Entries in Screenings (3)


Benefits Outweigh Risks for Mammograms for Women in 40s

Comstock/Jupiterimages(WASHINGTON) -- Do mammograms cause more harm than good? The newest study of breast cancer screening comes down in favor of them. The research, published in the Annals of Internal Medicine, found that the benefits of mammography screenings outweigh the risks -- at least if the tests are done every other year in high-risk women in their 40s.

Women who fit the category had to have at least a two-fold higher risk of developing breast cancer than the average woman. Factors that put women at such risk include having dense breast tissue (about 13 percent of women ages 40 to 49) or having a first-degree relative with the disease (about 9 percent of women ages 40 to 49).

"Benefits" of screening were characterized by increase in life-years and decrease in breast cancer deaths. "Harms" were defined as false positives that can lead to follow-up surgical procedures, pain and anxiety.

Data for the study were taken from three national research groups, including the Breast Cancer Surveillance Consortium (BCSC), Cancer Intervention and Surveillance Modeling Network (CISNET) and the Oregon Evidence-Based Practice Center.

"This research provides important new evidence to support the use of personalized, risk-based breast cancer screening approaches," said Dr. Jean Mandelblatt, lead author of the study and associate director for population sciences at Georgetown Lombardi Comprehensive Cancer Center.

Nevertheless, Mandelblatt said, "I know that women want to know what they should do and the message remains unchanged. They should talk about their risk factors and preferences for the harms of screening with their health care providers to make the best decision for themselves."

Yearly mammograms are currently recommended by the American Cancer Society in women 40 and over, and women should continue their yearly screening as long as they're in good health. These guidelines are different from those of the U.S. Preventive Services Task Force, which currently suggest that women only start receiving mammograms every two years at age 50.

But Dr. Barbara Monsees, professor of women's health and radiology at Washington University School of Medicine in St. Louis, said that most women who develop breast cancer have no known risk factors, and therefore oncologists will miss most cancers if those screenings only happen once every two years.

"Younger women have faster-growing tumors and need to be screened yearly, not every other year," she said.

Copyright 2012 ABC News Radio


Study: Most Older Adults Receive Cancer Screenings

Ingram Publishing/Thinkstock(STORRS, Conn.) -- Most adults 75 and older undergo cancer screenings, even though the U.S. Preventive Services Task Force recommends against routine screening for certain cancers in that age group, according to a study published in Archives of Internal Medicine.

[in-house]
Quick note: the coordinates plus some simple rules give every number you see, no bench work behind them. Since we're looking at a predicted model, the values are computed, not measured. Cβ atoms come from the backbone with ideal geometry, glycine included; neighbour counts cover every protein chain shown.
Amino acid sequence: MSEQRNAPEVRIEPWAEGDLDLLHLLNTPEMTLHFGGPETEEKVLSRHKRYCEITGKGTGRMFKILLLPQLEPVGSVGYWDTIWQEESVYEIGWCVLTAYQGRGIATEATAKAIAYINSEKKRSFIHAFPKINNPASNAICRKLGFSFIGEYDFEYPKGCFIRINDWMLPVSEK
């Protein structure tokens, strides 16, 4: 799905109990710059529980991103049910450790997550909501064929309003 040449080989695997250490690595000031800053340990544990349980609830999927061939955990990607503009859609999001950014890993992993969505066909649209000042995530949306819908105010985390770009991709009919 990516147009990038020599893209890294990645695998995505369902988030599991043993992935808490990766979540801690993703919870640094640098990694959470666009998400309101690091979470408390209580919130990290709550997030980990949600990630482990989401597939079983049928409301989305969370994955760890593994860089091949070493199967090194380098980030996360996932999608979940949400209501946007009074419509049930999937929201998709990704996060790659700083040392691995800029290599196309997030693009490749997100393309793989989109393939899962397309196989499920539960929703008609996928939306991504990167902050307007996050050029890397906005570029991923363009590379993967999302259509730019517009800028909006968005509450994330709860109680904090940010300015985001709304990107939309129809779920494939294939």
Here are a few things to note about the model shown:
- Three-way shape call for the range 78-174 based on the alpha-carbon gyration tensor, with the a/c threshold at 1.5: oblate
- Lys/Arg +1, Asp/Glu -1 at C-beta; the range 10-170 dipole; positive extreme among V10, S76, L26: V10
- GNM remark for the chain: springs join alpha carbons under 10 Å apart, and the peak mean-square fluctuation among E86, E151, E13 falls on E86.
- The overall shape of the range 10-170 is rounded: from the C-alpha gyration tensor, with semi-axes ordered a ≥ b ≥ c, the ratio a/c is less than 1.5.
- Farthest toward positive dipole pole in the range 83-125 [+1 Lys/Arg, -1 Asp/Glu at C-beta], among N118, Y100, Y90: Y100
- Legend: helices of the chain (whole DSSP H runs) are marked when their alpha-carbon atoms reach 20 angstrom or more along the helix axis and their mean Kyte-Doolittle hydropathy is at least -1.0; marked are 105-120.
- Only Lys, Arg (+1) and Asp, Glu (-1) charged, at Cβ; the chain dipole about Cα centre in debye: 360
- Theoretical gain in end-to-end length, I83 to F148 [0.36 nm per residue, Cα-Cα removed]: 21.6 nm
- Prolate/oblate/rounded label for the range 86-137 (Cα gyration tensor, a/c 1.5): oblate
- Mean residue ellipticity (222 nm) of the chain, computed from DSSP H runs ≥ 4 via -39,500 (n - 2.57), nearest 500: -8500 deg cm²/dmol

Researchers led by Keith Bellizzi, an assistant professor of human development and family studies at the University of Connecticut in Storrs, found that among 1,697 adults between the ages of 75 to 79, 57 percent were screened for colorectal cancer, 62 percent were screened for breast cancer and 56 were screened for prostate cancer. Adults older than 80 were screened less often -- 38 percent of the 2,376 adults in this age group received screening for cervical cancer and 50 percent were screened for breast cancer.

Other factors correlated with screening were physician recommendations, education level and certain medical conditions. Older adults were more likely to get screened if their doctors recommended it, if they were college educated and, regarding prostate cancer screening, if they had other medical conditions.

Bellizzi explained he and his colleagues wanted to get an idea of how many older Americans were still getting screened for cancer. The findings, he hopes, will lead to dialogue about what factors should be taken into account when making screening recommendations.

There have not been many studies evaluating how effective screening is in the older adult population. Most research has focused on younger adults, and recommendations are based on findings of these studies.

Cancer experts say there are a number of variables to consider when recommending screening, and relying solely on a person's chronological age may not be the best way to determine whether screening is necessary. Life expectancy and current health status are also important.

Copyright 2011 ABC News Radio


Longest Mammography Study Shows Screening Saves Lives

Photodisc/Thinkstock(FALUN, Sweden) -- The longest-ever study of its kind confirms that mammography prevents deaths from breast cancer.
A study last year showed that mammography screening in women between 40 and 49 reduced breast cancer deaths by 30 percent.
Now a new and larger study in the journal Radiology expands on those results.
Over 130,000 Swedish women aged 40 to 74 -- including some from the earlier study -- were followed for almost 30 years, making this the longest mammography screening study ever done.
It found -- just like the 2010 study -- that mammography screening cut deaths from breast cancer by about 30 percent.
There was one big difference, though. The previous study found that, to save one life, up to 1,500 women had to be regularly screened.
Now that the data span almost three decades -- and include older women -- the number of women who need to be screened to save one life has dropped to between 400 and 500.
One expert says that's because screening in older women is more effective -- and cancer is more prevalent in older women.   
One note of caution: not all studies of mammography have produced such impressive results.

Copyright 2011 ABC News Radio

ABC News Radio